It’s funny- I spent my teenage years so certain about what I would do with my life. Back then I was a musician, a singer. At 17, I decided to go to college and major in Opera. I even had a big, juicy scholarship to a conservatory in Boston, which was a relief because my parents thought that ‘Opera Singer’ was a completely ridiculous life path. During those four years of my undergrad, I vacillated between dreams of becoming a record producer, a concert venue owner and of course, THE prevailing operatic soprano of our age. But then I fell in love. And then I got antsy. So then we got married, and moved across the country to start our new lives in the big, Wild West. We bought a little fixer upper in the suburbs, and got pregnant way too easily and I was only 25 and was still young enough to not understand that my life was about to take a major detour away from all of my big, bad plans.

At that point, I was so caught up in the adventure of it that I didn’t realize I would be pulled away from the career I had planned on, and then eight years would go by and the space between my childhood dreams and my adult reality would grow further and further each day. But of course, motI didn’t know that when I met my son (and then less than two years later, my daughter) I would see just how much I wanted to be their mother and stay with them and teach them about life and witness every milestone and read them books like Charlotte’s Web and Peter Pan and take them to the museum. And where would there be time amidst all of that to produce those records or entertain the concert hall? There just wouldn’t be. There just wasn’t, I was finding.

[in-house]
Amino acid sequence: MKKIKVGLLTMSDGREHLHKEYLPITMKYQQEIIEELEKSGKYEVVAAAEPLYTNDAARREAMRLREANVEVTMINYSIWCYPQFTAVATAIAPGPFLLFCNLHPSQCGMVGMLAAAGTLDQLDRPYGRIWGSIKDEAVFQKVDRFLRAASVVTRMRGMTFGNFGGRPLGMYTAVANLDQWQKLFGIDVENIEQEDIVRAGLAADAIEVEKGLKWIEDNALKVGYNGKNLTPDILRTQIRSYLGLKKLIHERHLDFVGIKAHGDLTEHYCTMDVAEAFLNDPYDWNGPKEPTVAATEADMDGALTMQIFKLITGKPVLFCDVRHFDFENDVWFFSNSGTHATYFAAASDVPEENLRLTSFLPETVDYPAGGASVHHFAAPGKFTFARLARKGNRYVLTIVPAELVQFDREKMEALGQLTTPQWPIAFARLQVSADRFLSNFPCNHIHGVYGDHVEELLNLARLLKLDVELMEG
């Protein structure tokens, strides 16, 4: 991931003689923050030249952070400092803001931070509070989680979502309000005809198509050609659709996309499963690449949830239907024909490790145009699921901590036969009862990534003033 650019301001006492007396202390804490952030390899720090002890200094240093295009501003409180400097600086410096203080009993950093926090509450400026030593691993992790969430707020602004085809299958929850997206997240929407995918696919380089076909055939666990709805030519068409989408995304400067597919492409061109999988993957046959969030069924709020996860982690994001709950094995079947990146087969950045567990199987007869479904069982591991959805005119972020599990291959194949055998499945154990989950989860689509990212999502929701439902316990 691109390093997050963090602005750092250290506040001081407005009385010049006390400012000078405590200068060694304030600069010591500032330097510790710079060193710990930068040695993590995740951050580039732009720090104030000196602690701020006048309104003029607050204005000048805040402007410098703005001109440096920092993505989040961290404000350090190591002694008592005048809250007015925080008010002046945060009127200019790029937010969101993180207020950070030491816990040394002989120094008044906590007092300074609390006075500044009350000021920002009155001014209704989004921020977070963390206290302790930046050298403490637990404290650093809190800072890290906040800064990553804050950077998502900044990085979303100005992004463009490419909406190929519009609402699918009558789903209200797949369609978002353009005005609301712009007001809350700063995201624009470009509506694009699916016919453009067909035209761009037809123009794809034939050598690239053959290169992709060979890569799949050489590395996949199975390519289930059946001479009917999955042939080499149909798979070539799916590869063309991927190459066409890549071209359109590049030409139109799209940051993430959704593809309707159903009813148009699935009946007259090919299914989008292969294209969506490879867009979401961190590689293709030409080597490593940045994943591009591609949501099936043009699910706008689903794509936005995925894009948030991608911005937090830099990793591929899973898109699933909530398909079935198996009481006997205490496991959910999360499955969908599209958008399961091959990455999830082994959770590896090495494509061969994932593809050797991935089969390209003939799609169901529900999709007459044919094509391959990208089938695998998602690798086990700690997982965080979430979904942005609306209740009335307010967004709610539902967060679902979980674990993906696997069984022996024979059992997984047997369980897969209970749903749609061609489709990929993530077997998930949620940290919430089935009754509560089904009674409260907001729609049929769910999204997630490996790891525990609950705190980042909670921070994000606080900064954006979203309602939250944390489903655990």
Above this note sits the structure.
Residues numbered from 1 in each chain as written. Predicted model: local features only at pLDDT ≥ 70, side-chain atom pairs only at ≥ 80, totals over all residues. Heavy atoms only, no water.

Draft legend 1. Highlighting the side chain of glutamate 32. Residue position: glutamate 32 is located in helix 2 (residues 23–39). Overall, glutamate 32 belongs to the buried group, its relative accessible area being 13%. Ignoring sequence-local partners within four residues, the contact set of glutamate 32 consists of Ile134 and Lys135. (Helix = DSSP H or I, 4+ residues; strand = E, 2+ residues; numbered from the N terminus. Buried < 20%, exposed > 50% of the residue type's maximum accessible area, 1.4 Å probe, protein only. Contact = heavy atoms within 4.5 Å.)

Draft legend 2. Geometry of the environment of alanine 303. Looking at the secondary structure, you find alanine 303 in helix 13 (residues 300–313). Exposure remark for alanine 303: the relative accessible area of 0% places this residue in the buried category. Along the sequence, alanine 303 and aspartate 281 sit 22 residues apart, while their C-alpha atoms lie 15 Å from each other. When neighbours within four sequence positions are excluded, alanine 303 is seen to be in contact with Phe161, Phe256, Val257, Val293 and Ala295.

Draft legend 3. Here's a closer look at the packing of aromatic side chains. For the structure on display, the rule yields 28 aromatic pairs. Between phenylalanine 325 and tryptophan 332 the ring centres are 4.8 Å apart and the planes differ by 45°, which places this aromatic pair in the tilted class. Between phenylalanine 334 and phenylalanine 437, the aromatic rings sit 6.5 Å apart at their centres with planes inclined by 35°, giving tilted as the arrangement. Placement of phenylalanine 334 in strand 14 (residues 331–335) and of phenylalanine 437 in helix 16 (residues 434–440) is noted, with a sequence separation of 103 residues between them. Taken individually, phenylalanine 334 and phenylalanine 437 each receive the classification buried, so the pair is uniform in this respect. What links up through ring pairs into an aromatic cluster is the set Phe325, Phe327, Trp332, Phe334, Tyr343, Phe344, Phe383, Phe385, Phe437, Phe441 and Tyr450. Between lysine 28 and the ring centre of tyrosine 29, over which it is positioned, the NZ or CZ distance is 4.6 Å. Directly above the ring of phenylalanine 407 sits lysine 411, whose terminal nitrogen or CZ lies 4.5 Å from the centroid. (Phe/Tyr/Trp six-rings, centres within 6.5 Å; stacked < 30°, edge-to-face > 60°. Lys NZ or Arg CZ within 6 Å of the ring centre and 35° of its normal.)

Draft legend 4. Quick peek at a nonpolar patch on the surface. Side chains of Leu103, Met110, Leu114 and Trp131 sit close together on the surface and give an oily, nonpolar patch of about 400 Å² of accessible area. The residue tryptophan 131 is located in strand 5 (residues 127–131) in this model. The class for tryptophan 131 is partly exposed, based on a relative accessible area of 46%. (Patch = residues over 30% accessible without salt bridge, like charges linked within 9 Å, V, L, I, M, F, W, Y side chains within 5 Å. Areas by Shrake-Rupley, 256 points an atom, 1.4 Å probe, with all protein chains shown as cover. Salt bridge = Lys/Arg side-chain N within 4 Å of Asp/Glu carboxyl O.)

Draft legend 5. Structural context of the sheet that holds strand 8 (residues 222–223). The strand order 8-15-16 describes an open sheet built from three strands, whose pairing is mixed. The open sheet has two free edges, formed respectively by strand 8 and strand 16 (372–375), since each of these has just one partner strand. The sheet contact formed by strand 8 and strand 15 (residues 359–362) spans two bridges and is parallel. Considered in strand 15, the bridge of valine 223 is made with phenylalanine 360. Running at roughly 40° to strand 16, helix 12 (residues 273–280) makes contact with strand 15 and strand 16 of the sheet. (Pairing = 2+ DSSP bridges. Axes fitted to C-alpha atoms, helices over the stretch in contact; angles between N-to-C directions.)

Truth is, I am just coming to terms with the pain of that, now (maybe?) I sure did exhaust myself trying to fit it all in. Made it a whole heck of a lot less easy and enjoyable than it could have been. And I guess all I’m saying is that it would have been a lot less painful if someone would have just said to me when I was seventeen:

Sweet girl, maybe someday you might find that you want to be a mother and you might fall in love so deeply with your babies and decide to take a break from whatever plans you had for yourself to nurture and love your little ones until they are big enough. And then, after that, there will still be space for your dreams to come back into view. If that’s what’s in your heart, of course.

And sure, maybe those dreams you had for yourself will never come to fruition; not the way you thought they would, anyway. But hey, just so you know, there is also honor and purpose and poetry in being a woman who cares for others, who keeps a home for them and teaches them about God and cooks them food that makes them feel safe. No you may never end up mattering to an audience of thousands at some glorious, old opera house but you’ll matter to that sweet, toothless six year old who needs a song at 2am when she dreams fitfully of falling. You’ll be just what she needs. No fancy conservancy degree required. But lucky her, though cause it doesn’t hurt the matter, either.

And truly, society will benefit from that song you sing her, just as much, if not more than whatever song you dreamed of singing at the Met. Sweet girl, you just might want to end up being a mother, too and I hope you give yourself permission to consider yourself a swinging success of one; big, fat audience or not.

And seriously don’t worry about the kitty litter.

Writer, Musician, Activist.